There is a place for lying. Lies are needed to spare other people’s feelings. Little white lies are at the heart of all etiquette and polite communication. The more polite you are, the more likely you are to tell well-meaning lies. I can tell you from experience that above average honesty can often be taken as above average rudeness.
I break down honesty into 2 parts: Truth and Openness. Truth is simple. A statement is either true or false in the same way that you are either pregnant or you’re not.
Openness is harder to measure objectively. Its how much of our inner thoughts we reveal to the world through our words and actions. Its about volunteering more information and removing the filter between what you think and what you say.
Openness to others implies vulnerability. By revealing more of our innermost thoughts than before, we are taking emotional “risks” and relying to some extent upon the basic kindness of (most) other people. When you are open about your flaws and failings, you are acknowledging your vulnerability. Being able to do this is actually a sign of strength.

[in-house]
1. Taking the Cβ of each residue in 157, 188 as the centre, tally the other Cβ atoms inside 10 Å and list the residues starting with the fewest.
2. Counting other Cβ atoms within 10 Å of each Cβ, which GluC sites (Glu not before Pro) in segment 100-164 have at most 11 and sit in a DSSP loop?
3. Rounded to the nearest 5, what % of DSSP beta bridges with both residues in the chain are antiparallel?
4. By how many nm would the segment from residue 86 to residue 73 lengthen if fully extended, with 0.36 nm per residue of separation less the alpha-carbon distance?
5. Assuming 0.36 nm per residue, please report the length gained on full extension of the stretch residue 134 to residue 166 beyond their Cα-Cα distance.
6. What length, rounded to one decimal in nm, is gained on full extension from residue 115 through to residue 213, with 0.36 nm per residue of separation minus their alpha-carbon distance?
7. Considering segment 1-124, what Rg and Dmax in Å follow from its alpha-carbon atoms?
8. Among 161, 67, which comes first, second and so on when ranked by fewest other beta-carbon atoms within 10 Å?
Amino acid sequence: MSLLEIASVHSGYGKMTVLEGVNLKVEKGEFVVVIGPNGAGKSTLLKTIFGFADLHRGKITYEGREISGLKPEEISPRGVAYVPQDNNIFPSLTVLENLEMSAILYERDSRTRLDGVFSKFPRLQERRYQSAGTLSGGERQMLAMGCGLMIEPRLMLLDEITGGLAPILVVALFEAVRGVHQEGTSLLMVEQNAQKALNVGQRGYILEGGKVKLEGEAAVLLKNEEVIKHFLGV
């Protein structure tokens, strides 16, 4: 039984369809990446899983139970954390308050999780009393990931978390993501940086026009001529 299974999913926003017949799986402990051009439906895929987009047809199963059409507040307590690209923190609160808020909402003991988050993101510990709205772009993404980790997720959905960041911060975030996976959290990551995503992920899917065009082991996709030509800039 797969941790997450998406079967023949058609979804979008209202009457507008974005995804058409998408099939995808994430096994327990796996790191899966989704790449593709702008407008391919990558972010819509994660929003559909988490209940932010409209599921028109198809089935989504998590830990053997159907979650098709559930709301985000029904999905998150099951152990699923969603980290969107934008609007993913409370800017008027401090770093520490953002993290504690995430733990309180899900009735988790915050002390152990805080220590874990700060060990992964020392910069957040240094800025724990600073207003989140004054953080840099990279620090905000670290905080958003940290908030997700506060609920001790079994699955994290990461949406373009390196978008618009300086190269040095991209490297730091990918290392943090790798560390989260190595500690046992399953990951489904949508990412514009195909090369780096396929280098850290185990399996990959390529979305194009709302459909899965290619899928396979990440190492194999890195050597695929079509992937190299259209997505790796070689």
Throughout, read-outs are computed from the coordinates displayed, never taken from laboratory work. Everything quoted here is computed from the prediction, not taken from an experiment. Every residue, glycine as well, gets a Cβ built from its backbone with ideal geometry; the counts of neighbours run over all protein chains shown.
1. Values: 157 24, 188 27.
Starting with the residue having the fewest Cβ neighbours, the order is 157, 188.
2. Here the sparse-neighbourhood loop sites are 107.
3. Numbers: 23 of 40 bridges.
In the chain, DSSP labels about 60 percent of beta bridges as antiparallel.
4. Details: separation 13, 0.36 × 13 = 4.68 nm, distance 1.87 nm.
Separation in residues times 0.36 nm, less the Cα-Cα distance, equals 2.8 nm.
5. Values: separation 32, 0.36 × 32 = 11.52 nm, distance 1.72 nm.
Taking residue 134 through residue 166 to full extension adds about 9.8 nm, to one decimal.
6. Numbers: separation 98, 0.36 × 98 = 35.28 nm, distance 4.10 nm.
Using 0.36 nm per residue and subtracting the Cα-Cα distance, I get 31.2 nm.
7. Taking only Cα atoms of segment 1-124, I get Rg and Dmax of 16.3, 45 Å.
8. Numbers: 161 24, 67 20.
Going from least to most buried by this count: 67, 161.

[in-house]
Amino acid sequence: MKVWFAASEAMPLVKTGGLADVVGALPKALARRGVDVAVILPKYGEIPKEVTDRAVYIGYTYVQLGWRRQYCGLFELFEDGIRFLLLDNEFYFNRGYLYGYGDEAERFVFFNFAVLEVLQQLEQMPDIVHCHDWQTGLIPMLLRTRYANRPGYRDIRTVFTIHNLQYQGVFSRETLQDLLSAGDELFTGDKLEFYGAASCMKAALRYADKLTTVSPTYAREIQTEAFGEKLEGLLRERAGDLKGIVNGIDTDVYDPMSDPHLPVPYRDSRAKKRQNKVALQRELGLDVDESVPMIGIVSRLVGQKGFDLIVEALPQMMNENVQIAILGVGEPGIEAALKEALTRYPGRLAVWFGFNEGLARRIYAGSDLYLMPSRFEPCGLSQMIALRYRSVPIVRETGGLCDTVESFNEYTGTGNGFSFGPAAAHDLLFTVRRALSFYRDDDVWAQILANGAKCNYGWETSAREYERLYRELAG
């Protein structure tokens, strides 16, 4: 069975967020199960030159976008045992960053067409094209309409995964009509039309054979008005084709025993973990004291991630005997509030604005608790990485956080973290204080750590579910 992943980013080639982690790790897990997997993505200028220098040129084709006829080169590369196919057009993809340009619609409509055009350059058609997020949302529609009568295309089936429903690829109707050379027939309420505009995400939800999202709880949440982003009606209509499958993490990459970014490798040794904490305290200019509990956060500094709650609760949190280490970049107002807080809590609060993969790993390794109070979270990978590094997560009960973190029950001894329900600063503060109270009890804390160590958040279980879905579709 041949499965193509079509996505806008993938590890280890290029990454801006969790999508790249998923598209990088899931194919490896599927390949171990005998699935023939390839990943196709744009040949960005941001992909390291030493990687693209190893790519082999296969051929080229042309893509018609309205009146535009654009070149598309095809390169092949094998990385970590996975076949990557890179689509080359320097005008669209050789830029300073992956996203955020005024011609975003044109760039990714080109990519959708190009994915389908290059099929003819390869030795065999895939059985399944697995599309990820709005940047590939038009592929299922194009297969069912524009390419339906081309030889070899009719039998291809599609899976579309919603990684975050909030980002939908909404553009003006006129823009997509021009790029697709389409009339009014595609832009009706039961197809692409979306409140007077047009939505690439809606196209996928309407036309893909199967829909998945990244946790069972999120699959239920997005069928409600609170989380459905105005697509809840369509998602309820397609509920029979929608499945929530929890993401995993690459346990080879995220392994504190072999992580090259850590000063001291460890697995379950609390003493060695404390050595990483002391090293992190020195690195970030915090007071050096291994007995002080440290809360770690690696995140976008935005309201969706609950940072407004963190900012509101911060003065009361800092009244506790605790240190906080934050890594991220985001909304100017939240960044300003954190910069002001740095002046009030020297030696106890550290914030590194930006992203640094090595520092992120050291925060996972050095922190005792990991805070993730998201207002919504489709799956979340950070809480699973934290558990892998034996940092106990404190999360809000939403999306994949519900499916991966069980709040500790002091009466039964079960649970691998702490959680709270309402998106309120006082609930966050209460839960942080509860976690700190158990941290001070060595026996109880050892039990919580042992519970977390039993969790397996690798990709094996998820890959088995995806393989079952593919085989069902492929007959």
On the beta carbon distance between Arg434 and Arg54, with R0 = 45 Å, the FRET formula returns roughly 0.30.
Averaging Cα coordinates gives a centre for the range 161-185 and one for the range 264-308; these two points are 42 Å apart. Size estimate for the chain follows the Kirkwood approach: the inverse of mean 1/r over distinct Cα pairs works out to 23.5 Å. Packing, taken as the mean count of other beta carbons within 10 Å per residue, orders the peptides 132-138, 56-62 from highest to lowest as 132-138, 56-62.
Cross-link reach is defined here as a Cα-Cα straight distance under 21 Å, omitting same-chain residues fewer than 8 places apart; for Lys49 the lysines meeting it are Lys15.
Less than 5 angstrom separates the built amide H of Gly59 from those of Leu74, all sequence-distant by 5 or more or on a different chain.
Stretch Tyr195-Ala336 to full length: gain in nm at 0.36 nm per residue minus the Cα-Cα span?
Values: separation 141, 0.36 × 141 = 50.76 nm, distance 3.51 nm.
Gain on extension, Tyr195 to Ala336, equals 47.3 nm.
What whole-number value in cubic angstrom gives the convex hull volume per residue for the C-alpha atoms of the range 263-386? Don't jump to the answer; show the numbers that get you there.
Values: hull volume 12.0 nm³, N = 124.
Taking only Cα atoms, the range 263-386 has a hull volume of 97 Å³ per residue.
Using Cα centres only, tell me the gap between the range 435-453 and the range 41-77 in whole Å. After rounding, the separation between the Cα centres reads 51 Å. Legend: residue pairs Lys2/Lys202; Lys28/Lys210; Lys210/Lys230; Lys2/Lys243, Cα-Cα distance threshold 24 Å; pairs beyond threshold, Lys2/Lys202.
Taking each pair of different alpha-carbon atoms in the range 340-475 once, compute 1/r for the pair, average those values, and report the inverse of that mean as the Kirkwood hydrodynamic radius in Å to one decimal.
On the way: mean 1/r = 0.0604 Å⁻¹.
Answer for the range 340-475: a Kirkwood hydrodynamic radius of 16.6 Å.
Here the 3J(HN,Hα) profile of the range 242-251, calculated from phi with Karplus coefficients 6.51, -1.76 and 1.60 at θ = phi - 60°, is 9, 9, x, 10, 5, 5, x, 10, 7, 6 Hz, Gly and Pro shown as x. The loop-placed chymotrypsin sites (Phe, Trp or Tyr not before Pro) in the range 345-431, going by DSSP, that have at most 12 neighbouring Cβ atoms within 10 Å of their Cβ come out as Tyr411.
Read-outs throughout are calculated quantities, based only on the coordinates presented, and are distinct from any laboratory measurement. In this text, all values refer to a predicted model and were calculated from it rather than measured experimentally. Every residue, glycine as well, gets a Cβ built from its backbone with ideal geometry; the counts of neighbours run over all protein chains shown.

I have always been a (relatively) truthful person but for years I was terrible at openness. In my defence, I started with the disadvantage of being a straight white British male, vintage 1970. But this blog is all about overriding our evolutionary biases with a little bit of personal growth. Its always possible to raise your game, particularly when it comes to openness.
This goes hand in hand with being less worried about what other people think about you. There is a great phrase that goes something like: when we are 20 we worry about what people think of us, when we are 40 we stop worrying what people think of us and when we are 60 we realise those other people were never thinking much about us. They were too busy worrying about themselves.